A significant correlation between BLyS levels and serum IFN-α activity was found, and serum IFN-α activity was the only significant variable in the multivariate analysis. A similar association has been previously reported between BLyS mRNA expression and a global IFN score in SLE patients (46). Another study examining Sjögren’s Syndrome patients after treatment with etanercept demonstrated that serum BLyS levels varied with IFN-α activity following therapy (47). Additionally, serum IFN-α activity has been shown to strongly correlate with autoantibody production in SLE, and specifically with antibodies against dsDNA and nRNP (44). In vitro, the addition of IFN-α to dendritic cells and monocytes results in increased BLyS expression (4). It is therefore reasonable to hypothesize that increased serum IFN-α in SLE patients helps to drive BLyS production and that an overlapping spectrum of patients might respond to treatments inhibiting these two pathways. Also of interest, was the association between elevated BLyS levels and decreased plasma 25(OH)D levels that was independent of racial differences in vitamin D levels. As vitamin D deficiency is present in approximately two-thirds of SLE patients (48), and has been shown to modulate autoantibody production and the IFN signature (27, 28), it is plausible that vitamin D is capable of either directly or indirectly regulating BLyS levels in SLE.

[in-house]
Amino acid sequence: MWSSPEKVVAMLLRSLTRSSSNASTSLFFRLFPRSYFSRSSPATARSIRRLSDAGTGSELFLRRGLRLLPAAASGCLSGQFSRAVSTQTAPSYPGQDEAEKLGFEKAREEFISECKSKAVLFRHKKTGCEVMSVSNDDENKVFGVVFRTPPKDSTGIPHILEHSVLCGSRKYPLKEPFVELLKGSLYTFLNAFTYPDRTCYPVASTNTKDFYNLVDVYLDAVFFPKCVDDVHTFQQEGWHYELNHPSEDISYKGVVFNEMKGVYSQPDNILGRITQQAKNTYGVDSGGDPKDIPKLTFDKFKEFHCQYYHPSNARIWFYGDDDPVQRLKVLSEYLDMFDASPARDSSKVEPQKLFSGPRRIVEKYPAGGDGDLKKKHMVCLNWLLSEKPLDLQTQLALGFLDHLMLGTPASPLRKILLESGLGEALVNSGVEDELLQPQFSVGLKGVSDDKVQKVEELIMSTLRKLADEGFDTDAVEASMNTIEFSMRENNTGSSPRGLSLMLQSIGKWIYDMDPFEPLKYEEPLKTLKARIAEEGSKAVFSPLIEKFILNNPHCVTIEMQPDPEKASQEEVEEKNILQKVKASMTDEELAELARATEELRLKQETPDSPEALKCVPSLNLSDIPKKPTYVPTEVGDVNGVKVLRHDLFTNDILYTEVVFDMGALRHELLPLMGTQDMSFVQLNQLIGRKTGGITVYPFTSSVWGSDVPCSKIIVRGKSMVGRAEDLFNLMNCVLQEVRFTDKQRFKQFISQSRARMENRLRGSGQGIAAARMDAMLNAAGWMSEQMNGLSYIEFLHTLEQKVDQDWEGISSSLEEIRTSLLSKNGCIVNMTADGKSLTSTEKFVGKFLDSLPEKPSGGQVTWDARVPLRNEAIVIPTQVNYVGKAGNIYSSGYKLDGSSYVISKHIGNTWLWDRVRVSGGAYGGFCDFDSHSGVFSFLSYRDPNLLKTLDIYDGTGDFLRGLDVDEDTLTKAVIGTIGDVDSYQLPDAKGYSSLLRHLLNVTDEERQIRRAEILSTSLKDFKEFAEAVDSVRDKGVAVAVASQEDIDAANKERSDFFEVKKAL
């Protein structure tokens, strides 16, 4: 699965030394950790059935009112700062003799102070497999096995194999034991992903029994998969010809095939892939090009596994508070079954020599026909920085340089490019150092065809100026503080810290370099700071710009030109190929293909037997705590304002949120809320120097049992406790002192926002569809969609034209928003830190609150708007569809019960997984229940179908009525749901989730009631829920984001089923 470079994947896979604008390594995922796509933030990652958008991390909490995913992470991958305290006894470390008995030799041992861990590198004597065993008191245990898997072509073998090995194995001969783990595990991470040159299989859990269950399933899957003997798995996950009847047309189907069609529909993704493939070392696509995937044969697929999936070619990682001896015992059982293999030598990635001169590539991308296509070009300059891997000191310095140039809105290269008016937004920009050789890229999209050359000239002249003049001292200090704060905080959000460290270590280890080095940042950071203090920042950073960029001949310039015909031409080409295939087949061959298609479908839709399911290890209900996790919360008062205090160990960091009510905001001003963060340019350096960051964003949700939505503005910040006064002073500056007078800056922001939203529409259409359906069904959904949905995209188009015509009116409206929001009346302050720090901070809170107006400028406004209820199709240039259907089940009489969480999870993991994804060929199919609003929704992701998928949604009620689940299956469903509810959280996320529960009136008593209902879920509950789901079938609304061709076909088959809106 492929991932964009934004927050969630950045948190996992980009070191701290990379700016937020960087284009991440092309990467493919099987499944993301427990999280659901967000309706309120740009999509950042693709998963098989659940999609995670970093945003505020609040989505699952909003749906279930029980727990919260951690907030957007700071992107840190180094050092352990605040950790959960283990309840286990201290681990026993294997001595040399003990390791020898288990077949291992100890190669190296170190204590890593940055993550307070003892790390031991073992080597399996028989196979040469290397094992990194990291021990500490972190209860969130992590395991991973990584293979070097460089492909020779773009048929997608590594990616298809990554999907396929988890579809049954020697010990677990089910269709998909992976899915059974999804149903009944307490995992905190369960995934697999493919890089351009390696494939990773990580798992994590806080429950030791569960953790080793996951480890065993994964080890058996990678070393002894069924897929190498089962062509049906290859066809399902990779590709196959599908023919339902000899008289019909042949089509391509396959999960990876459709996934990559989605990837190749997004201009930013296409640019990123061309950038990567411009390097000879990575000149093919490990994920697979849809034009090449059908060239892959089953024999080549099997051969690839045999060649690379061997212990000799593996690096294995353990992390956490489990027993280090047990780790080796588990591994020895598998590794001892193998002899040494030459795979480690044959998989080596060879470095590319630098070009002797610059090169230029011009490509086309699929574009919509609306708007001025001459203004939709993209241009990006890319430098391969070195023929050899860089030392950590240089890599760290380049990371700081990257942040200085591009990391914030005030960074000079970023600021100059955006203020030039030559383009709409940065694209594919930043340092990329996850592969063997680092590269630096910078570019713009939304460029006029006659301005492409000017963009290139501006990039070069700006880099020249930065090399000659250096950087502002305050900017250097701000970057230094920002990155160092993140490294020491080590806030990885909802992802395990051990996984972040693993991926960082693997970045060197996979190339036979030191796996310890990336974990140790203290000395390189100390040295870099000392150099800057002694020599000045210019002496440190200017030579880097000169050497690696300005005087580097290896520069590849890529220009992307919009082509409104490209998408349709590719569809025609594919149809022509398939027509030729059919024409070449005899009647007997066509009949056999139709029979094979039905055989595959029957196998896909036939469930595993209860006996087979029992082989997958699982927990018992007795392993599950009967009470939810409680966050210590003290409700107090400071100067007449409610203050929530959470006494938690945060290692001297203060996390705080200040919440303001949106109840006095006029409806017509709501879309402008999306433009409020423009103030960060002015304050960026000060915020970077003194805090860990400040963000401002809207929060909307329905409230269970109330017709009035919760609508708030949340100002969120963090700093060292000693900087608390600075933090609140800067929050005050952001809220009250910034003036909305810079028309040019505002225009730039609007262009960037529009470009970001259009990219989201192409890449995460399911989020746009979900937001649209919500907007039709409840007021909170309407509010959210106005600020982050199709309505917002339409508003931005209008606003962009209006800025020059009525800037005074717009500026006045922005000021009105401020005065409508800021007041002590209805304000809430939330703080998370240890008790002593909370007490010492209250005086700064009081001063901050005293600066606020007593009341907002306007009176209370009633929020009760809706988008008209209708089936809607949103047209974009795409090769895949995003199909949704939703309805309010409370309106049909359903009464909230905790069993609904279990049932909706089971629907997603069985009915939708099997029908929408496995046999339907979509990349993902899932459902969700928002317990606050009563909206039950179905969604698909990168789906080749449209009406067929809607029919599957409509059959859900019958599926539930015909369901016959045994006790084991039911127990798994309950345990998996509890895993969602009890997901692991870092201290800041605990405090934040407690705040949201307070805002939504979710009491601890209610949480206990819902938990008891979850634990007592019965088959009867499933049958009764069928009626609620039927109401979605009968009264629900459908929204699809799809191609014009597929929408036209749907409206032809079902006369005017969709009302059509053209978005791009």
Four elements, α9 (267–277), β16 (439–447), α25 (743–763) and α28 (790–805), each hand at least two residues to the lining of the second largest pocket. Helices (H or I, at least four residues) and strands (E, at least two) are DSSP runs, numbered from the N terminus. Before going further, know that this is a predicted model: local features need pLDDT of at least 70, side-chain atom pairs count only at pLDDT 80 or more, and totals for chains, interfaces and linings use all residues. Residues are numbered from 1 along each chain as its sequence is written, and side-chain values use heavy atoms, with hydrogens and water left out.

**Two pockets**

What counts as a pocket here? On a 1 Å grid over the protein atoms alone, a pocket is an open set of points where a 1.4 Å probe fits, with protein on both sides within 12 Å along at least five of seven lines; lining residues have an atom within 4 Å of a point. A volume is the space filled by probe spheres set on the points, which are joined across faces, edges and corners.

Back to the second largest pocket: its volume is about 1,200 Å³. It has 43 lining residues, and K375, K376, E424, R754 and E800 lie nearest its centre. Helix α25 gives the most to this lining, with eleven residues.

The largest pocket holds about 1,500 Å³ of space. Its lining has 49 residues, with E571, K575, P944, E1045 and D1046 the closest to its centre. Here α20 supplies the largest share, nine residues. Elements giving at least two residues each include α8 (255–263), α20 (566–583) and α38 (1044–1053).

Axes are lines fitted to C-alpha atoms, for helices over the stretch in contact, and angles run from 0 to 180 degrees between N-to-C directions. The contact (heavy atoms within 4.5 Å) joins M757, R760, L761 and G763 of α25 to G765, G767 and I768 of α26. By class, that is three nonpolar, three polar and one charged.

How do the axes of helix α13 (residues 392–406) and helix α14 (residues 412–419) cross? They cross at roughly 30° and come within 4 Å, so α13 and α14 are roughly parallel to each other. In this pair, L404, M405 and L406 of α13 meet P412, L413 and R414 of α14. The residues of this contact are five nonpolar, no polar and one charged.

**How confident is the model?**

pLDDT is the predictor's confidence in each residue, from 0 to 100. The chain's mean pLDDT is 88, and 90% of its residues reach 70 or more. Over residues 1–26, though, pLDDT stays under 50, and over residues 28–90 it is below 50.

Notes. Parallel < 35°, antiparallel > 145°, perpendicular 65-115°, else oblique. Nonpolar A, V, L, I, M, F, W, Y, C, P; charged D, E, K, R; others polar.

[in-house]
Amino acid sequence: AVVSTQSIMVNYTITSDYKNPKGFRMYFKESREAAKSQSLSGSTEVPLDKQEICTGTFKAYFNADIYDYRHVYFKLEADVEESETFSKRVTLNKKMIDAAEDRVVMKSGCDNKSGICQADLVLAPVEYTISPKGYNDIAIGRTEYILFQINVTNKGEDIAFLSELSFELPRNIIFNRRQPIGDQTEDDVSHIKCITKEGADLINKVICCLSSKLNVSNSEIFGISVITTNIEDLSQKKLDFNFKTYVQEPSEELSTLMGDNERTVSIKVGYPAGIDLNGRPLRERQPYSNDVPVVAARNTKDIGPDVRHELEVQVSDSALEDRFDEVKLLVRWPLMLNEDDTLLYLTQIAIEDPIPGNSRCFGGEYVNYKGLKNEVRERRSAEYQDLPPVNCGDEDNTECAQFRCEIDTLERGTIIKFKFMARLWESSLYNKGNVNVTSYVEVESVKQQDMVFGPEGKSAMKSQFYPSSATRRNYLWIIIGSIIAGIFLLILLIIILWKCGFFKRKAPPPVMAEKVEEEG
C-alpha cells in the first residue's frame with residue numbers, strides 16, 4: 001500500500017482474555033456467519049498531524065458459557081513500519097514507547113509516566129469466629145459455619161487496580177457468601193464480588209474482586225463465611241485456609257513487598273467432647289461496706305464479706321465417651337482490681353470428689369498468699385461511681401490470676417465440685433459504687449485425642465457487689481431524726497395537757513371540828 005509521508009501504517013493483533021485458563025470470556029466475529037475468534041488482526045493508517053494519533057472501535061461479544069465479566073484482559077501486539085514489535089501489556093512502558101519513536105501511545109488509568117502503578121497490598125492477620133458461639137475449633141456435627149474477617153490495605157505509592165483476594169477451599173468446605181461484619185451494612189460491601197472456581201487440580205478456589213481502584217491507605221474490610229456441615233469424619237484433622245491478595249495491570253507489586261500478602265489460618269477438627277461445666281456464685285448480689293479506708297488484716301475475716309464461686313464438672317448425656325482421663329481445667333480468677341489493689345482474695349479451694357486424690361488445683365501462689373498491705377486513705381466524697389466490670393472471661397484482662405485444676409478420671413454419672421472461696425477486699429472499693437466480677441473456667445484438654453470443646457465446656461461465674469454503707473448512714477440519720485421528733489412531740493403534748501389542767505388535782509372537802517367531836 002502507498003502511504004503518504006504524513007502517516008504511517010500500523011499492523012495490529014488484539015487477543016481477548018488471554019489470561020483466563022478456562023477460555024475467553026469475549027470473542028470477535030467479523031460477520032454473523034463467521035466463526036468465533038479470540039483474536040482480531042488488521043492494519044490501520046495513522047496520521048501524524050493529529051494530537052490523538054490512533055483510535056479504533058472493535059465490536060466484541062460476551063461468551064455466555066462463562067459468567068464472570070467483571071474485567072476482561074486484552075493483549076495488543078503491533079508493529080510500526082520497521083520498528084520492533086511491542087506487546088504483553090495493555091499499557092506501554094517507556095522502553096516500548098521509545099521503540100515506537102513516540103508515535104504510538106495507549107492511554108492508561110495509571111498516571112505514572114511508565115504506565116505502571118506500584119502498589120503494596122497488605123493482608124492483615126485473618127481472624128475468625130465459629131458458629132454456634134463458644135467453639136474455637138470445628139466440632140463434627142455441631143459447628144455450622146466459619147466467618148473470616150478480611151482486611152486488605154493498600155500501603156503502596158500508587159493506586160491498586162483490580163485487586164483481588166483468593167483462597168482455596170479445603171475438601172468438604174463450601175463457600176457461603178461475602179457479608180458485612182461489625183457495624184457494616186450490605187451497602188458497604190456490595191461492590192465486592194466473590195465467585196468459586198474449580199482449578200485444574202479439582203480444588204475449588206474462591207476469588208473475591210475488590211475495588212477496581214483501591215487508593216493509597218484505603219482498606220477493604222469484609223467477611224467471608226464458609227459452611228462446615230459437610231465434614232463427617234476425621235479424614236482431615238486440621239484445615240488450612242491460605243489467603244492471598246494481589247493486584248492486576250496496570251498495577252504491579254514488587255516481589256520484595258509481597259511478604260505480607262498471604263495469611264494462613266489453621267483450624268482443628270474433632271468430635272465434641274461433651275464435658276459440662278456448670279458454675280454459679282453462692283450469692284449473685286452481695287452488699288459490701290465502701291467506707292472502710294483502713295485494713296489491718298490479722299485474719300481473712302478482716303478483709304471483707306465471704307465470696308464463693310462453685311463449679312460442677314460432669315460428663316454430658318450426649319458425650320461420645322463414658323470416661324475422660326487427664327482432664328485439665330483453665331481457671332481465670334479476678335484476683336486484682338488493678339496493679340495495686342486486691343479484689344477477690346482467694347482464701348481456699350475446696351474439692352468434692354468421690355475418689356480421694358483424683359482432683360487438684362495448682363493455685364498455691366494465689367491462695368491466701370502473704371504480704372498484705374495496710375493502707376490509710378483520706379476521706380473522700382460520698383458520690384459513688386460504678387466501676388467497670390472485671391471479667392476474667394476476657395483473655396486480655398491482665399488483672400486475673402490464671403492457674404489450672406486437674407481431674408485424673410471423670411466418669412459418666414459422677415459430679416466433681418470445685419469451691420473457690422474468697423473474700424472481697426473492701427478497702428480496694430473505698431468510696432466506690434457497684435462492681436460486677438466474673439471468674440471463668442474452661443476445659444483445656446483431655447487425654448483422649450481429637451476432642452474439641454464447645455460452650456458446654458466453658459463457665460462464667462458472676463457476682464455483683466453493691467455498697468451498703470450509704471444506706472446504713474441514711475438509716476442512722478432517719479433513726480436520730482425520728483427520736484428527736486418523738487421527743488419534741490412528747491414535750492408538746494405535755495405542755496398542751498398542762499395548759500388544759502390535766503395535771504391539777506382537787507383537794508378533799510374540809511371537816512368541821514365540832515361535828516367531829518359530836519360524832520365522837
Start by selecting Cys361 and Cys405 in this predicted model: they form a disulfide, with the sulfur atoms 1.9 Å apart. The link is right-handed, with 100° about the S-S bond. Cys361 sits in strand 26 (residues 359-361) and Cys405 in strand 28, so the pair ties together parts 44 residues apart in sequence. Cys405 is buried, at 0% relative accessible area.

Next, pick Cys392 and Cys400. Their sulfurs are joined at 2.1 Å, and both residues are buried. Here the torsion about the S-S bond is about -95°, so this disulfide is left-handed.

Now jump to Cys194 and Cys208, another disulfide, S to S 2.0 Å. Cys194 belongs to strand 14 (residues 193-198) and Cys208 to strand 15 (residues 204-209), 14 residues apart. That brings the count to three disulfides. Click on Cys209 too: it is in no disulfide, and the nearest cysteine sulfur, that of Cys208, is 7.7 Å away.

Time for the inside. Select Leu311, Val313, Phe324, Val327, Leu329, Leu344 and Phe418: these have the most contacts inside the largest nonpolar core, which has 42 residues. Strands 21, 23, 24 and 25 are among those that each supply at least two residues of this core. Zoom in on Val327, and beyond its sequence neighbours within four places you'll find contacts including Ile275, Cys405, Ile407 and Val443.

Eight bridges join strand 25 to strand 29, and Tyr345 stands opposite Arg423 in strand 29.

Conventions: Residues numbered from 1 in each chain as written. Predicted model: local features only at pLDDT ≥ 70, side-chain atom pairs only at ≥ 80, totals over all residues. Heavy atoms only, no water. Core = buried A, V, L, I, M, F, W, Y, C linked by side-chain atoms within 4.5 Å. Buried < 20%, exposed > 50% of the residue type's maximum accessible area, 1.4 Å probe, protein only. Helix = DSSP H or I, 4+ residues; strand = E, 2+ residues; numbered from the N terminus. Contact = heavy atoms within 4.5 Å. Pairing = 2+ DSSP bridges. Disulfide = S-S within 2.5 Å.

In conclusion, African American SLE patients have increased BLyS levels regardless of their disease activity, and BLyS levels are strongly associated with serum IFN-α activity in SLE patients. Elevated BLyS levels were also associated with anti-nRNP and decreased 25(OH)D levels. Baseline BLyS levels are not correlated with humoral responses to influenza vaccination in these patients, and only those patients with low BLyS levels at baseline demonstrate an increase in BLyS production after vaccination. These findings support the idea that BLyS is important in SLE disease pathogenesis, although increased levels of BLyS are not necessarily associated with improved humoral responses to vaccination.